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Desperate act

Published : Jan 14, 2011 00:00 IST

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A paramilitary soldier stands guard beside the bodies of four residents of Bagbandi village in Purulia district who were abducted from their homes and killed by the Maoists in a nearby forest on the night of December 16.-AP

A paramilitary soldier stands guard beside the bodies of four residents of Bagbandi village in Purulia district who were abducted from their homes and killed by the Maoists in a nearby forest on the night of December 16.-AP

The Maoists strike again, this time in Purulia, killing seven Forward Bloc members on a single night.

THE cold-blooded killing of seven All India Forward Bloc (AIFB) members, including a woman and a 75-year-old man, in West Bengal's Purulia district by extremists belonging to the banned Communist Party of India (Maoist) betrays a sense of desperation in the organisation as it faces the heat from not only the State police and Central forces but also sections of the local population. On the night of December 16, four teams of militants raided four villages in the district's Jalda-I block near Ayodhya Hill, where joint security forces operations were under way. They dragged the seven victims out of their houses and gunned them down.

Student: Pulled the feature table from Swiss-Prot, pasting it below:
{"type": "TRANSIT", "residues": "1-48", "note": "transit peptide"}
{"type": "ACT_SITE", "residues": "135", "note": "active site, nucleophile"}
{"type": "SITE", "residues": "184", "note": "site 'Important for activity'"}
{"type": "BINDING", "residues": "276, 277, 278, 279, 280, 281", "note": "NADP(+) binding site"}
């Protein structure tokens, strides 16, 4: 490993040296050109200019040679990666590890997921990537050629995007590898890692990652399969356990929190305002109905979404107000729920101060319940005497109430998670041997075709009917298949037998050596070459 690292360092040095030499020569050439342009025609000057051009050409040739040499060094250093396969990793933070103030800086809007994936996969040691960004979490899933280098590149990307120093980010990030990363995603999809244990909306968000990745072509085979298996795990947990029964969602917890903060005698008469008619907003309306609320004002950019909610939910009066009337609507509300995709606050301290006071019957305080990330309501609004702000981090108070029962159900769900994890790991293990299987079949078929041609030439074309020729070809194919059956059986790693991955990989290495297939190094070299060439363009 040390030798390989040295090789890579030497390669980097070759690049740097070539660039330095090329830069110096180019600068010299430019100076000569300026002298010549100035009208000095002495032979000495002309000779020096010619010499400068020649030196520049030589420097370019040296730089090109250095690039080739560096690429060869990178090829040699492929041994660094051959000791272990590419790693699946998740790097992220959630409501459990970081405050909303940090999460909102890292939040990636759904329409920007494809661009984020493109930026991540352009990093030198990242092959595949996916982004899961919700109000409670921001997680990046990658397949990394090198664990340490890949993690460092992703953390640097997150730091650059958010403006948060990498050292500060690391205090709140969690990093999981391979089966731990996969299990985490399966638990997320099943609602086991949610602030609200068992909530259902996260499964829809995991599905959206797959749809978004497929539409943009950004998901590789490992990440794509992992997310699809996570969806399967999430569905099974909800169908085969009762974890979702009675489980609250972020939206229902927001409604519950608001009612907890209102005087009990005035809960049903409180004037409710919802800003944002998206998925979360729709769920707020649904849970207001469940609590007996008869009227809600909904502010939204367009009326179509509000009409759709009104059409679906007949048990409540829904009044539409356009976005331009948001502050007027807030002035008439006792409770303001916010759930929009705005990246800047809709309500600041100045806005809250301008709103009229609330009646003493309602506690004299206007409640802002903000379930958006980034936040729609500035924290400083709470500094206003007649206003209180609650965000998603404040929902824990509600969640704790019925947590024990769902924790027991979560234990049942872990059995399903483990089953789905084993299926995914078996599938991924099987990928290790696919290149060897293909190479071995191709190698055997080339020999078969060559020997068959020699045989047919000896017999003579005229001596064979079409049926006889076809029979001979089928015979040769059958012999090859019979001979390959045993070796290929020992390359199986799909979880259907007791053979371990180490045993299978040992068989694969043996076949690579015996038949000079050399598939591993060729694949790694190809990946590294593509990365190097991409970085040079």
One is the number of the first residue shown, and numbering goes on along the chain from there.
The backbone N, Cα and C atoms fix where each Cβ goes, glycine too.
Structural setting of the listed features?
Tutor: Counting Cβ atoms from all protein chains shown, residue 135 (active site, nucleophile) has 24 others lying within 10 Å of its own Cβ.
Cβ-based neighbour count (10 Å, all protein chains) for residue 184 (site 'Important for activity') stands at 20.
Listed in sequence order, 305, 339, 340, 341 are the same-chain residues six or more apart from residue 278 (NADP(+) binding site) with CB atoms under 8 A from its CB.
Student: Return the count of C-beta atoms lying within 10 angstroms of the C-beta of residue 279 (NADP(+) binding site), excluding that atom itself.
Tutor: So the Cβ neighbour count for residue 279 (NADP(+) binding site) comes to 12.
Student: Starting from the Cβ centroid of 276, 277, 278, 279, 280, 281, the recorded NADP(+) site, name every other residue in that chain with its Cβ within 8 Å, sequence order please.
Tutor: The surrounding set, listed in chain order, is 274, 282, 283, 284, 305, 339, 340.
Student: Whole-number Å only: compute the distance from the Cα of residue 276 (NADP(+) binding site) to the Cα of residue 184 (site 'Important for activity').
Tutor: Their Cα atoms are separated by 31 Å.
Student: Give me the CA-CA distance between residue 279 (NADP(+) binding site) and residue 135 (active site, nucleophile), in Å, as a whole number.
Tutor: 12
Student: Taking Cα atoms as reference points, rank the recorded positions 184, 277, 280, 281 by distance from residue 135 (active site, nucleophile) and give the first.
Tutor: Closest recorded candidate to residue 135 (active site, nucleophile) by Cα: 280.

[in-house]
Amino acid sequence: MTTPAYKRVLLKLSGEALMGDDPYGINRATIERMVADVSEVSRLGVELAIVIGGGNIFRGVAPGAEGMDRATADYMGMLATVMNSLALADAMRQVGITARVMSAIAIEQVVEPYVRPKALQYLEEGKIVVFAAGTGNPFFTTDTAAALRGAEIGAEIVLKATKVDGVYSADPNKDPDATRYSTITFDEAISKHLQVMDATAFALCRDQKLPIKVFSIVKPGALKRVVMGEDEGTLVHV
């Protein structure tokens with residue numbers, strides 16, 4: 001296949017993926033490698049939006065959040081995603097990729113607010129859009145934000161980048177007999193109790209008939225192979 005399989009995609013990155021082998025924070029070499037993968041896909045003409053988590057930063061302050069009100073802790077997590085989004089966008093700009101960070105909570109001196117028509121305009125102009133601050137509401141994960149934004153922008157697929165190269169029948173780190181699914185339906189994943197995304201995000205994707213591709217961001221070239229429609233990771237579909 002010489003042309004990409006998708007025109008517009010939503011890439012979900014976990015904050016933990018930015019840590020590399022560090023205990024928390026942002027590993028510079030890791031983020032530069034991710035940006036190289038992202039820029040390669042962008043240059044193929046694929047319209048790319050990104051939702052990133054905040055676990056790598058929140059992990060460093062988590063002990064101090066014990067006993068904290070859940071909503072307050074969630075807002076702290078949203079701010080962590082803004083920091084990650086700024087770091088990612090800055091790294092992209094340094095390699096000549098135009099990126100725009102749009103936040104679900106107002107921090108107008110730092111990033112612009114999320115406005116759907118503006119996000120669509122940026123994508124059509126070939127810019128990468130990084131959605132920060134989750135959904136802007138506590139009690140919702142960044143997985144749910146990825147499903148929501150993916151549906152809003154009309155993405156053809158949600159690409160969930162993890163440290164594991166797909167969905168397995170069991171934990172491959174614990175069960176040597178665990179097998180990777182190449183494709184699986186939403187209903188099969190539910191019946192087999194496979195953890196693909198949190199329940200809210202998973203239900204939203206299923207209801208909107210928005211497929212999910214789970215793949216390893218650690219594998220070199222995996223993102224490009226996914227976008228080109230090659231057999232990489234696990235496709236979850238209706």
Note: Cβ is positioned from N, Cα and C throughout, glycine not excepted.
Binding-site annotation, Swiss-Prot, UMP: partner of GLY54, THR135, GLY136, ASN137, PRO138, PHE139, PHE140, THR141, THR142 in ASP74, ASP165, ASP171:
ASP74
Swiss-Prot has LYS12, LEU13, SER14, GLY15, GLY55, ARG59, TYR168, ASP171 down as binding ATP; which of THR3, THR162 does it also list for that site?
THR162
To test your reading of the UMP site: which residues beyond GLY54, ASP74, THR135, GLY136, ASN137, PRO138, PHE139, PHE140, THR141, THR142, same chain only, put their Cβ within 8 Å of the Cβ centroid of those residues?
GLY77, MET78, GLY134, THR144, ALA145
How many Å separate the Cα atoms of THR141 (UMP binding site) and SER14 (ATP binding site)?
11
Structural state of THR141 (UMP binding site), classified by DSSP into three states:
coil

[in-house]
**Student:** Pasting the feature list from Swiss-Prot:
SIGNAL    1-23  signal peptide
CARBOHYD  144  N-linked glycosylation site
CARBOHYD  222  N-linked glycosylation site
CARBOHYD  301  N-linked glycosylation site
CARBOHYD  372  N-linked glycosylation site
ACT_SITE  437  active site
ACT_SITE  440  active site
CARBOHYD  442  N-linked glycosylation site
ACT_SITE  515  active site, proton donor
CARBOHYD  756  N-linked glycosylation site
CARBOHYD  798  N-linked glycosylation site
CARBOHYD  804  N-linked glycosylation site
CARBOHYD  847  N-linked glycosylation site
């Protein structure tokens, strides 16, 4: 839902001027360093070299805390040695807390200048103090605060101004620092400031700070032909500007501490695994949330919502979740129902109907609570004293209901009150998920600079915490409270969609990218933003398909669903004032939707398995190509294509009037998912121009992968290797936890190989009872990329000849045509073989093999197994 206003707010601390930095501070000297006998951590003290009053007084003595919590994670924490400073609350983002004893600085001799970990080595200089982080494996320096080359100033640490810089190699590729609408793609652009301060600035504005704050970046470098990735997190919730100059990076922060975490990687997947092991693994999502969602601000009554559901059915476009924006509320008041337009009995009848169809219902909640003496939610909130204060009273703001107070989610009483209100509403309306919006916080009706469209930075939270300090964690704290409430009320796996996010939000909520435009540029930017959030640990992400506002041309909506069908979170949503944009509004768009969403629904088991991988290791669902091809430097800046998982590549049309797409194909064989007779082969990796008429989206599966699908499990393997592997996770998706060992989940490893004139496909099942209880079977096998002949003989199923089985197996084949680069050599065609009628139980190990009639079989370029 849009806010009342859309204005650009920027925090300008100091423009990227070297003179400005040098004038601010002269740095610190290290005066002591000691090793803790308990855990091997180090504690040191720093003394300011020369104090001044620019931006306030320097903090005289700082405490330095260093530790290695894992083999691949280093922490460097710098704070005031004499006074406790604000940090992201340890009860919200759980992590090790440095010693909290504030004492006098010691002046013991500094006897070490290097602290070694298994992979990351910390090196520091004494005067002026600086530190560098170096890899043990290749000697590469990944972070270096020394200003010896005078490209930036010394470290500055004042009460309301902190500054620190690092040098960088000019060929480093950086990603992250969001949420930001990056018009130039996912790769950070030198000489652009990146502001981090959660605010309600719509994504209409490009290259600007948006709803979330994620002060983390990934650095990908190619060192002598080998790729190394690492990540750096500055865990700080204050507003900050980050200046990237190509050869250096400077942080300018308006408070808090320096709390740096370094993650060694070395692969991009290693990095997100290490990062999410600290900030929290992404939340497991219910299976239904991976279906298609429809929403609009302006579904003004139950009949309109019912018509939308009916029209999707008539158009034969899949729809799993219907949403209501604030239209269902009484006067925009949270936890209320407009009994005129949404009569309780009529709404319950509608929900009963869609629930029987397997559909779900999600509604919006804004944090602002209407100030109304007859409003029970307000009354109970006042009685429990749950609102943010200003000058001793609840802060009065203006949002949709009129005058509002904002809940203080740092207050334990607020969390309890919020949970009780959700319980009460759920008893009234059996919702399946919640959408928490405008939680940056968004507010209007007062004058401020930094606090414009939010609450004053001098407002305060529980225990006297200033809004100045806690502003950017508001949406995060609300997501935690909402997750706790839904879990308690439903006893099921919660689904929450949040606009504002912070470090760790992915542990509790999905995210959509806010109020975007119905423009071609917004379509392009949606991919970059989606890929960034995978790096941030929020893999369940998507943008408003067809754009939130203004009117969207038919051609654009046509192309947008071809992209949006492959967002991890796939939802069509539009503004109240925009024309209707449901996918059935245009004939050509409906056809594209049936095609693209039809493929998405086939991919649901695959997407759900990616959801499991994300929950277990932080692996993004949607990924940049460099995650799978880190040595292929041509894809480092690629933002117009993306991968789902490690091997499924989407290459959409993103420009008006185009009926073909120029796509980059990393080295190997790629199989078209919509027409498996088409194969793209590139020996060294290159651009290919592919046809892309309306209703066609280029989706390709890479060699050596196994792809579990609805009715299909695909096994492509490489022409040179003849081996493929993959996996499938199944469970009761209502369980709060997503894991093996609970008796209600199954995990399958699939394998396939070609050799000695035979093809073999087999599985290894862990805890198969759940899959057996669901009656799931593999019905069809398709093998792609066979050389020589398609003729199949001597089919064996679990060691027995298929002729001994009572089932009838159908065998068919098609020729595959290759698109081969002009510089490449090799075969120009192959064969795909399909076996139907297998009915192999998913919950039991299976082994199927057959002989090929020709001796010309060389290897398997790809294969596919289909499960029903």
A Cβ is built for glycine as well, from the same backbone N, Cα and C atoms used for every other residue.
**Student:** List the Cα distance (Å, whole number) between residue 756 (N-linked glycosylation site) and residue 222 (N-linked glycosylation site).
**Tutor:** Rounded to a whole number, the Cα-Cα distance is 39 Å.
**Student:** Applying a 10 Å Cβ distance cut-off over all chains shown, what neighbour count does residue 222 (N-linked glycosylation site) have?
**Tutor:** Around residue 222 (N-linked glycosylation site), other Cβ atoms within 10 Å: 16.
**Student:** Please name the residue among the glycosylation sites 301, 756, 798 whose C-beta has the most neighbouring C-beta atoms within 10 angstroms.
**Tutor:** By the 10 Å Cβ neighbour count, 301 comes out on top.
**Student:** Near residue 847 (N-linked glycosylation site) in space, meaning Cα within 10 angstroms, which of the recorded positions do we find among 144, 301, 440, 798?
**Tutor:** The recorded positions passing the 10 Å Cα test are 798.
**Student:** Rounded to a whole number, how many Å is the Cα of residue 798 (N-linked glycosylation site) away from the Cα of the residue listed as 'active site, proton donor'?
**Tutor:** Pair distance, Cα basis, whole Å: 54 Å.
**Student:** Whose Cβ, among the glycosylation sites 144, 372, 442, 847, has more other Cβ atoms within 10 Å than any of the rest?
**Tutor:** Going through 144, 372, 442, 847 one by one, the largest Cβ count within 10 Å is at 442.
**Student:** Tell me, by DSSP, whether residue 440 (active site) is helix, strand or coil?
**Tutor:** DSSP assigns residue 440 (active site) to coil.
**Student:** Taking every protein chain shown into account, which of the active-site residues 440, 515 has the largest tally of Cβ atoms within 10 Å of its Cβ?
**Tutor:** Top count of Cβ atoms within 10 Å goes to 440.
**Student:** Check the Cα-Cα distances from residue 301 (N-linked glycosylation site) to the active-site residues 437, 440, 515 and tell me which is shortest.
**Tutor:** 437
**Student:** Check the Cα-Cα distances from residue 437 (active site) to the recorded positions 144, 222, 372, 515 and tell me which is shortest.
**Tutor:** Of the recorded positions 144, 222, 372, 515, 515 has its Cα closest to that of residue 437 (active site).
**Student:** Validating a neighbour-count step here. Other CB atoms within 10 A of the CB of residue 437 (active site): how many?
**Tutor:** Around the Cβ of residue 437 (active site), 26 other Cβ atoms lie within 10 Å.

The first to get killed was Tapan Singh Sardar of Gutilowa village. Armed extremists entered the house of his brother Chandicharan Singh Sardar, president of the village panchayat samiti. Not finding Chandicharan there, they settled for Tapan, a local AIFB leader, and killed him near the house. The next attack was on Bagbandi village where Kinkar Singh, Gobardhan Singh, 75-year-old Gopeswar Mahato and Chapala Garai, president of the village panchayat, were abducted from their homes, taken to a nearby forest and killed.